Using DFS to define a MazeGenerator and MazeSolver
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The required algorithm
The required algorithm must generate a perfect maze. Viewing a maze as a two-dimensional
matrix of square cells, a perfect maze is one in which any two cells are connected by a
single unique path. An important consequence of a maze being perfect is that all cells in a
perfect maze are reachable from the starting point by some unique path, meaning that
perfect mazes are guaranteed to have a solution. They’re also guaranteed to have a unique
solution, which makes them more interesting to solve.
To generate a perfect maze, you’ll use a recursive algorithm to “dig tunnels” of various
lengths. It starts with a maze in which all of the possible walls exist (i.e., a wall exists on
every side of every cell), then continues removing walls until a perfect maze has been
constructed. Naturally, it requires some care not to remove walls that would cause the maze
to be imperfect; in our tunnel-digging algorithm, we have to be sure we stop digging before
we knock out walls that would lead to places we’ve already been.
The algorithm works, then, by starting at a particular cell (and it doesn’t matter, ultimately,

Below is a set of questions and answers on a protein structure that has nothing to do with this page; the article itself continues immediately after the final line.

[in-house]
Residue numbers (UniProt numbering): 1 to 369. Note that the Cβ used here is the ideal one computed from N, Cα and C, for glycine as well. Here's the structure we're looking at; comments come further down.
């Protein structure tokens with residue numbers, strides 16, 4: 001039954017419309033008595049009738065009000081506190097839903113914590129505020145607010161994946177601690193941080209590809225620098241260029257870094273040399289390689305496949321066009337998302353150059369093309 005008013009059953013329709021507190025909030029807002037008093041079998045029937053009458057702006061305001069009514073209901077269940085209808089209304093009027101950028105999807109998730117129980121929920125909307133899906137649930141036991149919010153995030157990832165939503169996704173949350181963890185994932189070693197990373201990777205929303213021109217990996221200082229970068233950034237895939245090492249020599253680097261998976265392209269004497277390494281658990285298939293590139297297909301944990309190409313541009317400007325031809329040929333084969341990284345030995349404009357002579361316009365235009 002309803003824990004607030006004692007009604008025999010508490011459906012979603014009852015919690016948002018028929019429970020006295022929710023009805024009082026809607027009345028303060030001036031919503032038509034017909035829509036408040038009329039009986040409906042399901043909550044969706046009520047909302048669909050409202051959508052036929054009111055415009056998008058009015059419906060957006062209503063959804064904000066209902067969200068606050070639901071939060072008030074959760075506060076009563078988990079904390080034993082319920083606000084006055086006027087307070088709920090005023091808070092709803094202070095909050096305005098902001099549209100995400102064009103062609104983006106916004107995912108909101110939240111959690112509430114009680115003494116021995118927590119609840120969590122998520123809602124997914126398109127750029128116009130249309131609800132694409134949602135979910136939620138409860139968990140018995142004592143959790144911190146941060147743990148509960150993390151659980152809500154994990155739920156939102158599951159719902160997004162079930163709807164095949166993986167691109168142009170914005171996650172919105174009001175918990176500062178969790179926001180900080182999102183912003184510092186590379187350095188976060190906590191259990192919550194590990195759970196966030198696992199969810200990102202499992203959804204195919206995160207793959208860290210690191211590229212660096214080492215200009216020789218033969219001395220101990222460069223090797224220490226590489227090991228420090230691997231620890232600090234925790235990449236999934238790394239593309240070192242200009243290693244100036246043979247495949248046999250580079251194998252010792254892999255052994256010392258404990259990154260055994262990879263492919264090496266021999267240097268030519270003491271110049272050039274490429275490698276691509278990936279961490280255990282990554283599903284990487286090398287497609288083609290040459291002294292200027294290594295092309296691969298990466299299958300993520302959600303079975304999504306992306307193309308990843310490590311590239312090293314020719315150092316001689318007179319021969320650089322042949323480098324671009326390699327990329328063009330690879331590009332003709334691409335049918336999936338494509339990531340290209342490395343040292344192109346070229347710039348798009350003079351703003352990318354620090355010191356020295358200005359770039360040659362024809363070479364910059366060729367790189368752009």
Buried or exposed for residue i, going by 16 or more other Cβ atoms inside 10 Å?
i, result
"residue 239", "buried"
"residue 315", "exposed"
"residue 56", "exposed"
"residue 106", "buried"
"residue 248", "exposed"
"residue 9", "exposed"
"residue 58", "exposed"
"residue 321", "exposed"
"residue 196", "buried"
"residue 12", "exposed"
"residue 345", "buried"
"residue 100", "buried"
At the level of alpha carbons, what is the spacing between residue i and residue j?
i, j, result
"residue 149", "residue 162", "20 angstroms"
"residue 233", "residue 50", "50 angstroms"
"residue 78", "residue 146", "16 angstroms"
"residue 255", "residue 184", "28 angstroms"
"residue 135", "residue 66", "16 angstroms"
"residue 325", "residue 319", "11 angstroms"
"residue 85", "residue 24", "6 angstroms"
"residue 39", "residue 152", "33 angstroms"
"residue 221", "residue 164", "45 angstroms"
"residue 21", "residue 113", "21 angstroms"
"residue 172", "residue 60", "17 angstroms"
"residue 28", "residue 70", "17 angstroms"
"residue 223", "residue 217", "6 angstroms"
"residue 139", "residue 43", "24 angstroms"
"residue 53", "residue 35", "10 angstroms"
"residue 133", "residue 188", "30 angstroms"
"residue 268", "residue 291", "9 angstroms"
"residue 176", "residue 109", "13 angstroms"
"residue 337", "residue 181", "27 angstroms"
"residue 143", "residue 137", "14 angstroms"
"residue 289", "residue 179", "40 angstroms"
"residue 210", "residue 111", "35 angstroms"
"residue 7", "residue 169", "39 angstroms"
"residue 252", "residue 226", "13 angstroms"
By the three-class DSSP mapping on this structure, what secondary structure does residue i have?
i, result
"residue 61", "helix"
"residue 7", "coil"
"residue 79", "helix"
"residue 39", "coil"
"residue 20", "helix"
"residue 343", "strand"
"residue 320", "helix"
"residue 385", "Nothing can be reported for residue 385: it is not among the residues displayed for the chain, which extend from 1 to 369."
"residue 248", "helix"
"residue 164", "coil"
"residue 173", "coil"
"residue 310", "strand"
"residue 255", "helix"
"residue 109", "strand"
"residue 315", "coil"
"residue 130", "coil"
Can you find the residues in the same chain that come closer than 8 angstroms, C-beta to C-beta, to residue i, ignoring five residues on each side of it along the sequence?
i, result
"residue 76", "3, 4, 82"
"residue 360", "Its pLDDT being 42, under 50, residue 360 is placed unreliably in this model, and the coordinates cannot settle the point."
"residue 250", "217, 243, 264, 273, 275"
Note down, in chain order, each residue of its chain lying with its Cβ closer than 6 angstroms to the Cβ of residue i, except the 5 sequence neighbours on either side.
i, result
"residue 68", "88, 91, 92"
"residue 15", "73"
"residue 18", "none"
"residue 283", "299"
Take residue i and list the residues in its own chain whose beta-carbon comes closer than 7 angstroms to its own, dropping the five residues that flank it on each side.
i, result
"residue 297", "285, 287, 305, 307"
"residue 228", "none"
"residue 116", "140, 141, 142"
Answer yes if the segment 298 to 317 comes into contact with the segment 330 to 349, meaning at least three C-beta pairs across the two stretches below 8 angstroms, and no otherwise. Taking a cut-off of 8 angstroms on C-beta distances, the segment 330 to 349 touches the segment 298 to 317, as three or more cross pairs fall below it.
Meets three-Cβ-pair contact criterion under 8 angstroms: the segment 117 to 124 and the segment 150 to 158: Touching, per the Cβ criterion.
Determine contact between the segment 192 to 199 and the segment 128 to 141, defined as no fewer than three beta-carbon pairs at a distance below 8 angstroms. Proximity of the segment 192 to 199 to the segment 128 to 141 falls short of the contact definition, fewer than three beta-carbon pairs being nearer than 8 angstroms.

which cell you start from), and does the following:
Mark the current cell as “visited.”
While the current cell has any adjacent cells that have not yet been visited…
○ Choose one of the unvisited adjacent cells at random. Randomness is
important here, or your algorithm will always generate the same maze.
○ Remove the wall between the current cell and the cell you just chose.
○ Recursively call this algorithm, with the chosen cell becoming the current cell.
As you generate your maze, you’ll need to call member functions on the Maze object that
was provided as a parameter. Don’t assume anything in particular about that Maze object,
other than it has the correct width and height; make any changes you need to make in order
to achieve the correct result, and make sure it works regardless of what walls are in place (or
not in place) when your algorithm is called
The required algorithm
The required algorithm must solve the maze using a recursive algorithm with backtracking. A
backtracking algorithm is one that recursively investigates all of the possibilities by moving
down a path that hopefully leads to a solution and then, if that path fails, backing up to the
nearest place where some untried alternative is available and trying another path. While you
could potentially implement an algorithm like this iteratively, it turns out to be a lot less work
to do so recursively, as the process of recursion will naturally and automatically manage
details that you would otherwise have to manage yourself.
I’ll leave the details of this algorithm as an exercise for you to figure out. If you understand
the maze-generating algorithm above, it should not be a big step to design the maze-solving
As your algorithm seeks a solution, you’ll need to call member functions on the Maze and
MazeSolution objects that were provided as parameters, though note that the Maze has
been passed as a constant (because you shouldn’t have to change a maze in order to solve
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